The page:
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Global action needed to prevent weaponisation of toxin and bioregulator research


Dr Michael Crowley and Prof Malcolm Dando

Leading biological and chemical weapons experts have warned that the two international bodies responsible for preventing development of toxin and bioregulator weapons, risk failing in their responsibilities.

Dr Michael Crowley and Emeritus Professor Malcolm Dando, from the University of Bradford, both of whom are specialists in their field, said urgent action was needed to prevent the ‘weaponisation’ of toxin and bioregulator research.

Their concerns are outlined in a new book, Toxin and bioregulator weapons: preventing the misuse of the chemical and life sciences, published by Palgrave MacMillan on November 28.

Prof Dando, a life scientist with a PhD in neuroscience, said: “Concerns about toxin and bioregulator weapons and their delivery are not new, but what is new now are the scientific and technological advances opening up more and more possibilities of designing agents to target specific elements of the critical physiological systems - such as the nervous system - of living organisms.

“The chemical and life sciences are dual use, potentially having both beneficial or malign applications. In many countries the intent behind certain defence-funded research on toxins, bioregulators and other mid-spectrum agents is unclear. From the limited information available, we have found disturbing activities in a number of countries that raise dual-use concerns.” 

Book cover for Toxin and Bioregulators book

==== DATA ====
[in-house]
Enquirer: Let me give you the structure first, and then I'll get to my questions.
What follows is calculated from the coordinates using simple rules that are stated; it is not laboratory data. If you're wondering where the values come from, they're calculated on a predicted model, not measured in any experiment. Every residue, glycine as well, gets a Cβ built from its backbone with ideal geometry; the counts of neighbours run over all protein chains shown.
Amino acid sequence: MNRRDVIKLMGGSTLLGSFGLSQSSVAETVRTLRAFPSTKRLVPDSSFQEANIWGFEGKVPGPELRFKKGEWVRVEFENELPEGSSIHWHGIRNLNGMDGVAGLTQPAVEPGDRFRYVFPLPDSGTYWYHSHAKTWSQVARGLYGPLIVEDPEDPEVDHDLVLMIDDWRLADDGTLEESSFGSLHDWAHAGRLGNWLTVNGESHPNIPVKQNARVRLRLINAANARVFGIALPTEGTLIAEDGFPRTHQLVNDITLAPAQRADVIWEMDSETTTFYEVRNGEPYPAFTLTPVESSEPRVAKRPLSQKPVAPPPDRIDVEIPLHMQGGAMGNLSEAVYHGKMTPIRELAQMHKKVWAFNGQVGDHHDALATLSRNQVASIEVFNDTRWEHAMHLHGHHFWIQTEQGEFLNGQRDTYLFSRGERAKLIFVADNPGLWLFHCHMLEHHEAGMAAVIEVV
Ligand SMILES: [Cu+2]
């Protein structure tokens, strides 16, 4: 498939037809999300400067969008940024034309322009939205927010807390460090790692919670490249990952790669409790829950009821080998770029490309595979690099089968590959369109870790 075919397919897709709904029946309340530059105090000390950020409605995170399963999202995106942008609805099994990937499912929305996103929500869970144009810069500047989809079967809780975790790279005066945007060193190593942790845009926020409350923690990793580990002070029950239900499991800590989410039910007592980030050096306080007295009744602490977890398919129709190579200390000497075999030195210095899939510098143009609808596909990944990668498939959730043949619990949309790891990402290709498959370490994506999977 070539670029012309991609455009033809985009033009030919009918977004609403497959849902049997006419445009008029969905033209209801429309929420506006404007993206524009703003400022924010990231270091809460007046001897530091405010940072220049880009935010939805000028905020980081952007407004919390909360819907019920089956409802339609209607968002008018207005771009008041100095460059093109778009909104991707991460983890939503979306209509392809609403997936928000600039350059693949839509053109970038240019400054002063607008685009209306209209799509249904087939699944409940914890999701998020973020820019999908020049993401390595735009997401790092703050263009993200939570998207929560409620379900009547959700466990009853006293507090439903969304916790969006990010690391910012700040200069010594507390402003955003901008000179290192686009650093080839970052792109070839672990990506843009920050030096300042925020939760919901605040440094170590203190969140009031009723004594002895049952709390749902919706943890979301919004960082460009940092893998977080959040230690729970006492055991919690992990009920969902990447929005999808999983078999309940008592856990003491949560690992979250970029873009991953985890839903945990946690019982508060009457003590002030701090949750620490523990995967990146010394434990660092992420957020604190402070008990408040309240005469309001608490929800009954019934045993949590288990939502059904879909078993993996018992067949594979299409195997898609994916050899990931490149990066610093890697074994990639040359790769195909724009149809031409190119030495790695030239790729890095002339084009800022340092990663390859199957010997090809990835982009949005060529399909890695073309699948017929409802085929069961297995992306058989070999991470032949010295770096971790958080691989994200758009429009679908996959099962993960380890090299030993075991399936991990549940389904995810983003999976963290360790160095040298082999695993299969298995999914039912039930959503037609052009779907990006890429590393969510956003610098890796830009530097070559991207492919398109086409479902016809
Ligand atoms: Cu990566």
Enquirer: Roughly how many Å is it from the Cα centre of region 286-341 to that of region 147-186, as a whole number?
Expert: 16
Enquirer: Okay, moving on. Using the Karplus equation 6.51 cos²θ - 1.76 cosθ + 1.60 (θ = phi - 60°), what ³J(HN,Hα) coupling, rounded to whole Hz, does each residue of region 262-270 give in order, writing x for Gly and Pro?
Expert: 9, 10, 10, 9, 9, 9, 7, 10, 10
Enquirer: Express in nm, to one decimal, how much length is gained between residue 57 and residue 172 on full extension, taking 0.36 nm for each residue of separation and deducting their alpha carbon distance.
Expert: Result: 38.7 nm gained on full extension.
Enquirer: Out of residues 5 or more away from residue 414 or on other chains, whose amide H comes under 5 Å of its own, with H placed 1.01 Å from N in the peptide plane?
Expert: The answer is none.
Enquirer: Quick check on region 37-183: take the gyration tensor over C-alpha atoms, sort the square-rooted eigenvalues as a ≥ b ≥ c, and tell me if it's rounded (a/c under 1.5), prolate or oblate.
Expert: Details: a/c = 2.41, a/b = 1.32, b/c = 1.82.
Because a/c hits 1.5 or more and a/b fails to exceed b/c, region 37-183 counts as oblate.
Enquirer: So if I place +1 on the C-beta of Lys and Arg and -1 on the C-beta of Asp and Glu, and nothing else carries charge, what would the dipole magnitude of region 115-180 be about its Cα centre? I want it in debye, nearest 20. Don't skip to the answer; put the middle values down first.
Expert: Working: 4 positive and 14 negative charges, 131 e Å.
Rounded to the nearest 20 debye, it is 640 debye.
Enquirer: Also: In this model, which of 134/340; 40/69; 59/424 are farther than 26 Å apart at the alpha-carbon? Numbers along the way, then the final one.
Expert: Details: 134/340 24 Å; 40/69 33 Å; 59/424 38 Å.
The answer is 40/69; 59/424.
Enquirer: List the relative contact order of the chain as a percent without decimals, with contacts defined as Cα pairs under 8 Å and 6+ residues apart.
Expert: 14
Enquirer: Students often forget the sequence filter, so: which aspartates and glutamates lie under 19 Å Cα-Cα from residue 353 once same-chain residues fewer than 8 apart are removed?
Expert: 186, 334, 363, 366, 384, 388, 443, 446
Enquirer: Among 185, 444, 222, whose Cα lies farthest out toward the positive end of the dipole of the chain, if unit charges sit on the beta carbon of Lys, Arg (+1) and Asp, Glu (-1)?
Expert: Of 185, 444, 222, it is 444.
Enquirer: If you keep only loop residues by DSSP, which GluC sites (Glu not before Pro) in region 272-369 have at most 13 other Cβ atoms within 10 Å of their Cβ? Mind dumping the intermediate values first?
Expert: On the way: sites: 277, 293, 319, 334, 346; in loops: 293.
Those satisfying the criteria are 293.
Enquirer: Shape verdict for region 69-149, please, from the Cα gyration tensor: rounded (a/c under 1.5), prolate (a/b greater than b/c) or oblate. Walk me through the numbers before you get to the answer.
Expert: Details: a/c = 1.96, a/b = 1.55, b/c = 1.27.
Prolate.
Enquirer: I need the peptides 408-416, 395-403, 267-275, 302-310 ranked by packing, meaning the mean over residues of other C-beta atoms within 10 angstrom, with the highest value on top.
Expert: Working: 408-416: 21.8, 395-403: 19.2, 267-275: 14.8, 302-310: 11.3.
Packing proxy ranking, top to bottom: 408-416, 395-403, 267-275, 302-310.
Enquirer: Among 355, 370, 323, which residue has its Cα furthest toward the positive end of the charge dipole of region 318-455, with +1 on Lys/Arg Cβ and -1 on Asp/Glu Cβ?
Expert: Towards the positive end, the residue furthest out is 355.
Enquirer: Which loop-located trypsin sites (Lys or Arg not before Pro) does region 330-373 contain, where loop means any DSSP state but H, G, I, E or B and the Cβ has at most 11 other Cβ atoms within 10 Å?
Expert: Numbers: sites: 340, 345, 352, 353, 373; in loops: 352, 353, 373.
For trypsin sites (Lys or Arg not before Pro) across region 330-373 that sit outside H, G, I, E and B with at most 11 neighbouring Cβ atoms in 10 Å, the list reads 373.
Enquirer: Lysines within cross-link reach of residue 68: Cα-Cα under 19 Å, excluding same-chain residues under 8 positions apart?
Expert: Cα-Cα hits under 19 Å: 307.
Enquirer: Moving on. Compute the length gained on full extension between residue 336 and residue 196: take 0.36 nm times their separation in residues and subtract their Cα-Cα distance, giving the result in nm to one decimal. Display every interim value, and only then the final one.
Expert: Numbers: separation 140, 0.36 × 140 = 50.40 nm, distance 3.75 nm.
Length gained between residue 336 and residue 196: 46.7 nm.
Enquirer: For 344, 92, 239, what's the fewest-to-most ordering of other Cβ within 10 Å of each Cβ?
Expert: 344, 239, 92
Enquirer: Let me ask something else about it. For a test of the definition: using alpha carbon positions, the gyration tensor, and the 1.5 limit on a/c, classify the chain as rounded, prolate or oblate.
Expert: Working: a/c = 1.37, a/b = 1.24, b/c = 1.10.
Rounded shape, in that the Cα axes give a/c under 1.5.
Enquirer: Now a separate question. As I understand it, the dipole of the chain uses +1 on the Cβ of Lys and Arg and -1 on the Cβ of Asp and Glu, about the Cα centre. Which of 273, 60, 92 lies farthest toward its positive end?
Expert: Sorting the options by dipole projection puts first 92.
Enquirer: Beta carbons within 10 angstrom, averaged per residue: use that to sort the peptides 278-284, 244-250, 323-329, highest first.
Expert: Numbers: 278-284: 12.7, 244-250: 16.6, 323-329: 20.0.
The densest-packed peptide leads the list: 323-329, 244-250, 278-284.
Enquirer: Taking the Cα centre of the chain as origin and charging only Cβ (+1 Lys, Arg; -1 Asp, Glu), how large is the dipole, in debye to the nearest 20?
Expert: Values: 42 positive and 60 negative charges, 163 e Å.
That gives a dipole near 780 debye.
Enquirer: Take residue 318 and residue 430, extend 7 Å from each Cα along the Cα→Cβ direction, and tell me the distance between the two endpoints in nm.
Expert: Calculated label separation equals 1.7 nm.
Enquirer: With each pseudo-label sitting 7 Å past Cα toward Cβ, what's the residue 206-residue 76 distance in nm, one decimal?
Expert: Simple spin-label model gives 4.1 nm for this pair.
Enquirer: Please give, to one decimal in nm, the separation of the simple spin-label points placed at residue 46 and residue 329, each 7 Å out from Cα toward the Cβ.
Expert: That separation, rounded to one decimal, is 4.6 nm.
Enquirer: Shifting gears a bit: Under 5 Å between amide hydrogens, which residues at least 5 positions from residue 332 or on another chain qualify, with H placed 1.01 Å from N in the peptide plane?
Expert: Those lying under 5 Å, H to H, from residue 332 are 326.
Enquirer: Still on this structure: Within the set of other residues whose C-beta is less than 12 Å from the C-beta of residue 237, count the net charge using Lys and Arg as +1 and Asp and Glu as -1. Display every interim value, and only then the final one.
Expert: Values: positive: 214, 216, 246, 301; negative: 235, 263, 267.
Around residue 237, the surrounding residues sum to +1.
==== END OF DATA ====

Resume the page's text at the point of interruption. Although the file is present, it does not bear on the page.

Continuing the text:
Weapons concerns

Concerns include reports of Indian defence scientists researching toxins extracted from Himalayan stinging and poisonous plants that could, in their own words, be “exploited for the development of novel multisystem targeted agents for self-defense”.

China’s Brain Research Project, funded in part by the military, reportedly includes work on bioregulators and bioregulatory pathways that, though purportedly benign, could be misused to facilitate development of weapons attacking, influencing or subverting human cognition, feelings and actions. 

Russian Soviet era scientists sought to develop ‘incapacitating’ weapons employing toxic chemicals of biological origin and their synthetic analogues to attack the central nervous system (CNS). Doubts remain whether such work ended. In 2002,  Russian security forces used a pharmaceutical chemical CNS weapon to end a terrorist siege tragically causing the deaths of over 120 hostages. China has also developed an ‘incapacitating’ CNS weapon intended to target individuals, which has previously been documented in the possession of the Chinese military.

Dr Michael Crowley addressing a conference

Above: Dr Michael Crowley addressing the conference in Geneva

Urgent warning

Toxins and bioregulators are (in theory) covered by two distinct international arms control and disarmament treaties - the Biological and Toxin Weapons Convention (BTWC), which bans the weaponisation of disease, and the Chemical Weapons Convention (CWC), which bans the weaponisation of toxic chemicals. Both were intended to be comprehensive in the substances encompassed and responsive to technological change.